The story of acerbic 1960s comic Lenny Bruce, whose groundbreaking, no-holds-barred style and social commentary was often deemed by the Establishment as too obscene for the public.
Interview-style biography of controversial and pioneering stand-up comedian Lenny Bruce. The film traces Bruce from his beginnings as a Catskills comic to his later underground popularity based on his anti-establishment politics and his scatological humor.
- In an interview, Honey Harlow Bruce (Valerie Perrine), ex-wife of stand-up comic Lenny Bruce (Dustin Hoffman), recalls her life with him:
In 1964, Lenny shocks his audience by stating that Eleanor Roosevelt gave Lou Gehrig "the clap," but then says the real point he wants to make is about the suppression of words. Venereal disease he says, is an epidemic because people will not talk about it.
Honey then recalls seeing Lenny for the first time in Baltimore, when he was a comic impersonator:
In the early 1950s, Honey, a stripper known as Hot Honey Harlow, is eating in a cafeteria when she sees Lenny watching her from across the room. The next time Lenny and Honey see each other, they go off together to have sex. Afterward, the smitten Lenny calls Honey his "shiksa goddess" and follows her to Miami.
In another interview, Artie Silver (Stanley Beck), Lenny's manager, discusses the delicate balance of involving himself in both Lenny's professional and personal life:
Shortly after Lenny and Honey meet, Artie warns Lenny that Honey, who had done jail time as a teenager, would be trouble. Despite Artie's misgivings, Lenny marries Honey, then takes her to meet his mother, Sally Marr (Jan Miner), and her sister Aunt Mema (Rashel Novikoff). Later, Lenny, who is uncomfortable with Honey's stripping, adds her to his act. They are hired to perform in the Catskills, where, during a show, Lenny makes an impulsive, crude joke to the band that is overheard by the audience. After this incidence, Sherman Hart (Gary Morton), an established comic, advises Lenny not to use "dirt" in his routines, but, at his next performance, Lenny intentionally insults his audience, thus losing career opportunities.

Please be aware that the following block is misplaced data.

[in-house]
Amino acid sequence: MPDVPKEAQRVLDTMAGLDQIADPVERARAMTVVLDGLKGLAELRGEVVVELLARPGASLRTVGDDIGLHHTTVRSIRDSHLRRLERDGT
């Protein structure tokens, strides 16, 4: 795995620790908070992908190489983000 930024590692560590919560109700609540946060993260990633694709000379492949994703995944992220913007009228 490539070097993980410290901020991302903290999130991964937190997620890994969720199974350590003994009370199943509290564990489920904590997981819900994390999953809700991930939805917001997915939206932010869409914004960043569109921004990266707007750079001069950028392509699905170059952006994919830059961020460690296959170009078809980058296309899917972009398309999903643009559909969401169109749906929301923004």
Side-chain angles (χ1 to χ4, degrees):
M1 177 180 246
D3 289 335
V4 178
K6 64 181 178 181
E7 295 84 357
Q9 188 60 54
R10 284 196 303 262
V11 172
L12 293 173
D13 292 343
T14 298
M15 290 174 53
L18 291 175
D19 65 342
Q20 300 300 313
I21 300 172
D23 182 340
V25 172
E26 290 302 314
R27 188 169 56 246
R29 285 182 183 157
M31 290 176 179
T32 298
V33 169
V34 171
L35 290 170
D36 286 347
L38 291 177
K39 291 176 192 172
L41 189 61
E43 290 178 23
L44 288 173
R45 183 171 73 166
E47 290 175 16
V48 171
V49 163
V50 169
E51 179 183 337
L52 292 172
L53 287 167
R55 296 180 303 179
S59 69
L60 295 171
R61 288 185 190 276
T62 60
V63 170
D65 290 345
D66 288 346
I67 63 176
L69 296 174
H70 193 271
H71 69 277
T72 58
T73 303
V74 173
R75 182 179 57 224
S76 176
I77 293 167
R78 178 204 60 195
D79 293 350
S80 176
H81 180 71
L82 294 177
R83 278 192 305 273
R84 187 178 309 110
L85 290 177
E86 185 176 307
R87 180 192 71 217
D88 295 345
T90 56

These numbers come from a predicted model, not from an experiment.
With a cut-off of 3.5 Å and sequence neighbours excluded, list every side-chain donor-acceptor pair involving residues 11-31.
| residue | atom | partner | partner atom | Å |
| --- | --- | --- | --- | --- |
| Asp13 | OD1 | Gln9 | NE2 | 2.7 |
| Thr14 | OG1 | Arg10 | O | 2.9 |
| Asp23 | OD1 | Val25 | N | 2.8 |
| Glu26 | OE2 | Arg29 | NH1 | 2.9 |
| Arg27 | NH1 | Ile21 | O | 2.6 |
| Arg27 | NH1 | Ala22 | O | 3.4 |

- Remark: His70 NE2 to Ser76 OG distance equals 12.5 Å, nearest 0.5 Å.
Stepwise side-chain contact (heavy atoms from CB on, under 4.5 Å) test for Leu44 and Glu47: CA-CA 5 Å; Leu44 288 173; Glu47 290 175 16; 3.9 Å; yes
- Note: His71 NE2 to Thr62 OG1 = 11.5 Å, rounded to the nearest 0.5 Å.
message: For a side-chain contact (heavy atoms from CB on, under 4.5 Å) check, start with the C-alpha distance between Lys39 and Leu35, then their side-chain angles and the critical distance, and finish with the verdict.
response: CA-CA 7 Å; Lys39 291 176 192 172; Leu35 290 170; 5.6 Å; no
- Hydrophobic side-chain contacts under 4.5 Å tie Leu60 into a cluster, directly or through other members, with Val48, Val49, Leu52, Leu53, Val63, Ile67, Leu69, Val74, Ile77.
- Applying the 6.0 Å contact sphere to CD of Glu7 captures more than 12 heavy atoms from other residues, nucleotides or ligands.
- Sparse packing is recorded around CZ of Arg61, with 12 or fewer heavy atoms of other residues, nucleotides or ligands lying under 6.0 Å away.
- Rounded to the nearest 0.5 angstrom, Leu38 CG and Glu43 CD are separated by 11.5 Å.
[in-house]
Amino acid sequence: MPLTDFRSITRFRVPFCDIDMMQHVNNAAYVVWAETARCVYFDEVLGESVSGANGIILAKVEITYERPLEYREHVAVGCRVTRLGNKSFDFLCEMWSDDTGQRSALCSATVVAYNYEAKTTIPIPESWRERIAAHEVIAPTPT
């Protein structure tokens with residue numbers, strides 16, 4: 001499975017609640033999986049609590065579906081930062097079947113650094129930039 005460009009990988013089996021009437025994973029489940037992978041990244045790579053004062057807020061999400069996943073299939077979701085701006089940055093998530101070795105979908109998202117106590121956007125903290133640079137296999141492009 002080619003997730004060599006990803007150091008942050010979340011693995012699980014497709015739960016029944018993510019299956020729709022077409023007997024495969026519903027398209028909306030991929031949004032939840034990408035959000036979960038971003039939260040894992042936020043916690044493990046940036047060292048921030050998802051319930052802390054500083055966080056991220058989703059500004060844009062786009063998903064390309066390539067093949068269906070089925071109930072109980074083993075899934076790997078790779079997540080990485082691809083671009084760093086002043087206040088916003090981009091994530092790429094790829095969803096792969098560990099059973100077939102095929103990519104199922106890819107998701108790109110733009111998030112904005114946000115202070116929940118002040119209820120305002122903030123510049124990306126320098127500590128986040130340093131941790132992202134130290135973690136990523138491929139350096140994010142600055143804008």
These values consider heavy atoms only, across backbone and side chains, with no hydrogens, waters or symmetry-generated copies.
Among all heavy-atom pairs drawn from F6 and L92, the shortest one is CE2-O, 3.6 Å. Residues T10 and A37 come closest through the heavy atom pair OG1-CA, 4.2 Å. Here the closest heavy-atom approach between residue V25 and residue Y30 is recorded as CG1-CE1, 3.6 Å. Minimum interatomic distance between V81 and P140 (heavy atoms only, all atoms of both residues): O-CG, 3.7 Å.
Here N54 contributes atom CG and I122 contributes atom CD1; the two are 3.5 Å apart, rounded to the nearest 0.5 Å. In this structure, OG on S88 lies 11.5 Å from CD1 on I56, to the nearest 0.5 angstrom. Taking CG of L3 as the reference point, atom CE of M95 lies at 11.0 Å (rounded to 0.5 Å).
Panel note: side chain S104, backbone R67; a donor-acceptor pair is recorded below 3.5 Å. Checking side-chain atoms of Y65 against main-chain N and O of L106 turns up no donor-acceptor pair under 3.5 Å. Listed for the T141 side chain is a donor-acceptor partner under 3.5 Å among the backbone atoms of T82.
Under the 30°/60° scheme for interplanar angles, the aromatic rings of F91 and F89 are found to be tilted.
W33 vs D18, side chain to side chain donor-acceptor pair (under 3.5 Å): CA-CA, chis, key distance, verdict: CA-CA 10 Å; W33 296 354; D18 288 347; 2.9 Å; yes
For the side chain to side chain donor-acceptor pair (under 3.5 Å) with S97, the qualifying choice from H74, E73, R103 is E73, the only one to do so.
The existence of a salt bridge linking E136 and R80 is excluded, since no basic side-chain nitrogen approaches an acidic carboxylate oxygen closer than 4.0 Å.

In a 1960s performance, Lenny asks his audience, "What is dirty?" He says he would rather his child watch a stag movie than 'The King of Kings' , because nobody gets hurt in porn.
In a flashback to 1950s, Honey is seriously injured and, while in the hospital, guesses that Lenny has an affair with her nurse. This incident becomes the source of a routine Lenny performs a decade later, in which Lenny advises men to deny their indiscretions at all costs, even if their wives catch them in the act. Explaining the difference between men and women, Lenny says that a woman is physical with someone she likes, but a man will seek out anything, even on a desert island.
In the 1950s, the couple moves to Los Angeles, Honey returns to stripping, Lenny to small gigs and they become involved in the show business drug culture. Lenny pushes to experiment sexually, but then accuses Honey of enjoying the other woman in their ménage a trois "too much." In her interview, Honey recalls that after their daughter, Kitty, was born, she and Lenny parted.